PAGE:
A brief, lively, and relatable guide to improving your health through friendship
One of the best things a woman can do for her health, especially after the age of fifty, is nurture her relationships with her girlfriends. New studies show that women can change one another's brain chemistry for the better, which means those laughter-filled get-togethers are crucial to aging well. In other words, the post-fifty version of “an apple a day” is “nurture your friendships.” In her trademark style—a vibrant and accessible mix of anecdotes, personal observations, and relevant research—Suzanne Braun Levine's You Gotta Have Girlfriends is an inspiring and eye-opening affirmation of the power of female friendship in the second half of life.
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About the Author
Suzanne Braun Levine's recent book, How We Love Now: Women Talk About Intimacy After Fifty,continues her explorationof a new stage of life for women that began with Inventing the Rest of Our Lives and Fifty Is the New Fifty. Levine was the first editor of Ms. magazine and editor of the Columbia Journalism Review. She produced the Peabody Award–winning documentary She's Nobody's Baby: American Women in the 20th Century.She blogs for Huff/Post50, AARP, Next Avenue, and Vibrant Nation, and has appeared on The Oprah Show, Today, and Charlie Rose. She has also presented at TEDxWomen.
Read an Excerpt
You Gotta Have Girlfriends
A Post-Fifty Posse Is Good for Your Health
By Suzanne Braun Levine
OPEN ROAD INTEGRATED MEDIACopyright © 2004 Suzanne Braun Levine
All rights reserved.
YOU GOTTA HAVE GIRLFRIENDS
Life happens. Distance separates.
Children grow up.
Jobs come and go.
Love waxes and wanes.
Men don't do what they're supposed to do.
Colleagues forget favors.
Sisters are there, no matter how much time and how many miles are between you.
A girlfriend is never farther away than needing her can reach
The best thing a man can do for his health is to be married to a woman. One of the best things a woman can do for her health is to nurture her relationships with her girlfriends, especially after the age of fifty. The longer we live, the more important our friends become. We call them our "chosen family" and in times of need they are the most likely to be at the door, on the phone, or in the waiting room. In other words, the post-fifty version of "an apple a day" is "nurture your friendships."
Not only do our girlfriends keep us physically healthy, but their support can also make us well when we are sick. A study of breast cancer patients by researchers at Ohio State University's Comprehensive Cancer Center found that those who were in a supervised support group were 56 percent less likely to die than those who were going it alone. In fact, the stress-reducing influence of their company is thought to contribute to women's longer life expectancy than men. "I had two separate conversations with friends today about how they tend to hold things in, sometimes until they experience physical symptoms," one woman told me. "One has panic attacks, the other had shingles, which she attributes to stress. Both are hesitant to express their emotional pain to their husbands—they just don't seem to understand." But, she adds, "both reiterated how much they need their girlfriends."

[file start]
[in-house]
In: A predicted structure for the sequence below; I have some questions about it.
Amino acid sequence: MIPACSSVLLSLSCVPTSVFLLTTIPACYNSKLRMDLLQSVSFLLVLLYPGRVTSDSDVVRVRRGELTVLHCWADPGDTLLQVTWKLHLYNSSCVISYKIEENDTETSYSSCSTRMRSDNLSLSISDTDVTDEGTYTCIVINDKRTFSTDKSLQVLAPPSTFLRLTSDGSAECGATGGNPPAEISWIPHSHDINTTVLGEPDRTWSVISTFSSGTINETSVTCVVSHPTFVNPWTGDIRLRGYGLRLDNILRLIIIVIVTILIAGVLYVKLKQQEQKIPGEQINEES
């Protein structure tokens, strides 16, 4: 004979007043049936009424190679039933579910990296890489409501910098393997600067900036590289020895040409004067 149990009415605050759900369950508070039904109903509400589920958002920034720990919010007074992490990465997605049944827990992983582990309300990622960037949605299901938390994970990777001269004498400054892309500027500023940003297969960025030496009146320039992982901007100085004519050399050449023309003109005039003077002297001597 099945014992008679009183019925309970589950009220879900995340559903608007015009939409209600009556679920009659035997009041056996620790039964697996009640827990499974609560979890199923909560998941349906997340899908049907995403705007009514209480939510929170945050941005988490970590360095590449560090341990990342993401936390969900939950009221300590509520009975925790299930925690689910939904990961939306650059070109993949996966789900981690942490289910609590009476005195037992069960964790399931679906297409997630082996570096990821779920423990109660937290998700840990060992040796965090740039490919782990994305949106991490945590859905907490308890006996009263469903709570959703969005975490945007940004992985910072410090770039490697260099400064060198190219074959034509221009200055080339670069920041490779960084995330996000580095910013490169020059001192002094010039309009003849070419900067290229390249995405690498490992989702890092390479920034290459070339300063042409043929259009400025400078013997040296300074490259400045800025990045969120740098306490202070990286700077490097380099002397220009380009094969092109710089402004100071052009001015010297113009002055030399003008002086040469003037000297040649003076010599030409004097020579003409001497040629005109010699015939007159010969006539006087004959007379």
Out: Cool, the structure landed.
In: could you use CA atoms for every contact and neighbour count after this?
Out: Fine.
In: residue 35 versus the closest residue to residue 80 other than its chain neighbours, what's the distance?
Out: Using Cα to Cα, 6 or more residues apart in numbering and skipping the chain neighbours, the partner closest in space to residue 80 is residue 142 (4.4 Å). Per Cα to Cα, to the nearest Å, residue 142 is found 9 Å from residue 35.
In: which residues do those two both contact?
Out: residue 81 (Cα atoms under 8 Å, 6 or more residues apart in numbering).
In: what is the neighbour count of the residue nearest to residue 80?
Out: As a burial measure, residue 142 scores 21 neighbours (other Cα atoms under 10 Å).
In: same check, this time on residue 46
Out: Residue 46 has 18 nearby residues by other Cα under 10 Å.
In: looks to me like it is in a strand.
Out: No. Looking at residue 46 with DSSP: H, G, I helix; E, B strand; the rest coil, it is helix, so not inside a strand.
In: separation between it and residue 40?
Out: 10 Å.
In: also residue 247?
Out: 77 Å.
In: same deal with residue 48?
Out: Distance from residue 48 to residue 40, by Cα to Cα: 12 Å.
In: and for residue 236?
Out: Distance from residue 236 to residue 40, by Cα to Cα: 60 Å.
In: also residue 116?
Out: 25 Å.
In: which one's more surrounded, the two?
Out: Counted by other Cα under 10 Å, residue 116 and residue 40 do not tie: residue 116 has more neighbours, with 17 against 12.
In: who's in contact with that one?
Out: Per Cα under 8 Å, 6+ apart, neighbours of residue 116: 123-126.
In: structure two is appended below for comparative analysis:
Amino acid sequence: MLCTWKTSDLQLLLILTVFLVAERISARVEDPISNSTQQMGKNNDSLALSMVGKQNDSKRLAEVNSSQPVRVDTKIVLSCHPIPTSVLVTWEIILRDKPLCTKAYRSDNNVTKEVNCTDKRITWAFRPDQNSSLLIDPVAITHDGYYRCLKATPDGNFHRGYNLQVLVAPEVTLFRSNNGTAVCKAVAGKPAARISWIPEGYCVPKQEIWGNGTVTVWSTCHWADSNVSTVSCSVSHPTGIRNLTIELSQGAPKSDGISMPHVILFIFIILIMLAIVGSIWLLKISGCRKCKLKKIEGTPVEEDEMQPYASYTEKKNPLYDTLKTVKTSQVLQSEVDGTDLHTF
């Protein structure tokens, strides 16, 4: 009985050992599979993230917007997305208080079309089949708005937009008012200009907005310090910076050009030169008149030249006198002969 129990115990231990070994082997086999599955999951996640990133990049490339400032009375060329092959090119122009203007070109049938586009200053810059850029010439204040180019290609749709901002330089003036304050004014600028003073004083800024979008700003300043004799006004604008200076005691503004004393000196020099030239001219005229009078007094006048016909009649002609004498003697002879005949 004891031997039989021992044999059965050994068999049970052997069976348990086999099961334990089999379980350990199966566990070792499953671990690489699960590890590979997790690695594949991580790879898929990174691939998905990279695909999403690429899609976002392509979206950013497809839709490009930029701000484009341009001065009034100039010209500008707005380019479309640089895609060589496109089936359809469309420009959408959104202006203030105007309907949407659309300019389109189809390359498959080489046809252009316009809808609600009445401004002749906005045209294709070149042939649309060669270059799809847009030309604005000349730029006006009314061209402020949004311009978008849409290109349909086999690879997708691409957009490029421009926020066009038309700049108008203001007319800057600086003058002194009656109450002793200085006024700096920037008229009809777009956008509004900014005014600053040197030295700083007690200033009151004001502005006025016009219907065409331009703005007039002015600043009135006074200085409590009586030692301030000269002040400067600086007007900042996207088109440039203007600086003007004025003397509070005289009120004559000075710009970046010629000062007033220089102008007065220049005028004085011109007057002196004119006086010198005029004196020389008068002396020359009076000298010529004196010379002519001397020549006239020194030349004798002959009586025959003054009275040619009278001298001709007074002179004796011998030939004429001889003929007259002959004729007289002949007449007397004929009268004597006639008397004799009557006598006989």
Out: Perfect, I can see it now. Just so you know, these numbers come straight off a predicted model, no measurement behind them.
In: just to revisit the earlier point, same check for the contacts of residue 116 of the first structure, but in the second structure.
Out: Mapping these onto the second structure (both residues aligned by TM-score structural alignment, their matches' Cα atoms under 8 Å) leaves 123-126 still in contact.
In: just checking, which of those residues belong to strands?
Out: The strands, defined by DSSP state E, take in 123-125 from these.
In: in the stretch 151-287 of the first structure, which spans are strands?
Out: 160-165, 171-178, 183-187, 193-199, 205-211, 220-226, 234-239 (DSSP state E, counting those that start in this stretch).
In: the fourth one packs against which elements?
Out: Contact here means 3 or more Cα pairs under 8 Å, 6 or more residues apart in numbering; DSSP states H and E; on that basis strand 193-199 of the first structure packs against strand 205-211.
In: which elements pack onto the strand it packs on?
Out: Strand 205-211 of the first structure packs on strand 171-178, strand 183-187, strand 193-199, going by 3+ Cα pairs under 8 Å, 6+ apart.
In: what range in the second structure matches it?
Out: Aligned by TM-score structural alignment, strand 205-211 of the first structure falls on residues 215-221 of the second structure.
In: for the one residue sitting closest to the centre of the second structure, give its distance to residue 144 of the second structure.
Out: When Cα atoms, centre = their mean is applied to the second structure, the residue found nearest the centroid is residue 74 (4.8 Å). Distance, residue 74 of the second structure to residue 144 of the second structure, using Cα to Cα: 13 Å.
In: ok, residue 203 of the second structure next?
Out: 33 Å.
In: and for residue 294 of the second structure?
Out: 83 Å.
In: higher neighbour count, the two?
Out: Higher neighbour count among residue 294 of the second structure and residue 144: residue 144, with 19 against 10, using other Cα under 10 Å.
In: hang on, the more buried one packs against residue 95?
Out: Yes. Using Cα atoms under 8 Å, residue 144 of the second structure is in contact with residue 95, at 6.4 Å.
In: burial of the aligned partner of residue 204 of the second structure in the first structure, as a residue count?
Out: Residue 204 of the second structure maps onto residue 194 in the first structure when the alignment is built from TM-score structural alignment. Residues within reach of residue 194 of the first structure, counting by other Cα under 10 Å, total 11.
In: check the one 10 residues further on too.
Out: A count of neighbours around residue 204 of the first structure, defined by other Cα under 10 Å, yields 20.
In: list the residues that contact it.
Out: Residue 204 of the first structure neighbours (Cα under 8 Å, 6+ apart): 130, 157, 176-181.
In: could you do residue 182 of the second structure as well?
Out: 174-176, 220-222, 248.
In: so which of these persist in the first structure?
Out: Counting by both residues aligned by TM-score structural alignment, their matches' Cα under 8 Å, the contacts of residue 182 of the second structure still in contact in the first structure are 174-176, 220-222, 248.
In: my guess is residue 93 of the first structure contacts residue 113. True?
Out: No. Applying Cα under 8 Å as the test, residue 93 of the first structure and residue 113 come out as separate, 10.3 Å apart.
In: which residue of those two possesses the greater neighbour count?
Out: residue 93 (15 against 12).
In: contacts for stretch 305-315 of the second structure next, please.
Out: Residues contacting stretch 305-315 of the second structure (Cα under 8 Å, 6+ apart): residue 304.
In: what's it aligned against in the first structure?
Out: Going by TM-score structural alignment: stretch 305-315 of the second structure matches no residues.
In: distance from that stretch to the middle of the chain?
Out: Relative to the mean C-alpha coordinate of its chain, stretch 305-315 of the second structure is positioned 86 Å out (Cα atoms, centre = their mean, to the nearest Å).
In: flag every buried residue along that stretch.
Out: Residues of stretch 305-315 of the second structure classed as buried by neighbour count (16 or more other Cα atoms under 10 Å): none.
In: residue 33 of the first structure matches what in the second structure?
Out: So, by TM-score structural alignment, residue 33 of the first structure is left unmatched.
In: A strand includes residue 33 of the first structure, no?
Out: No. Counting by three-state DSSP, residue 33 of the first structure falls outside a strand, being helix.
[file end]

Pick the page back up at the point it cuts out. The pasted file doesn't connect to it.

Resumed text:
Friends are just as vital to our psychological and spiritual well-being. They give us courage, confidence, and understanding; we know that no matter what happens as we age, we are not alone. They give us love, patience, acceptance, and a healthy dose of comic relief for the accumulating absurdities of life. And we empower each other to achieve the well-being of accomplishment beyond the years of past generations. All in all, such cherished friends are a blessing; they make life matter when it counts.
Our mothers' generation wouldn't understand this notion of friends helping friends achieve new levels of accomplishment and vitality beyond the sell-by date of menopause; their friendships remained relatively static as their circles aged together. Our own friendships, on the other hand, shift during different life stages. They may not have been as important to us earlier in our lives as they will become now. Back in our thirties and forties, we were frantically balancing the multiple demands on our days, and friends were just one ingredient in a swirling mix. Many of us neglected some meaningful friendships for those that developed out of common interests (parents whose children were friends with your kids) or shared space (workplace colleagues). In our fifties, we open a new chapter in our lives, and we can't take friends for granted any more. Without a circle of trust, we will have a very hard time turning the page.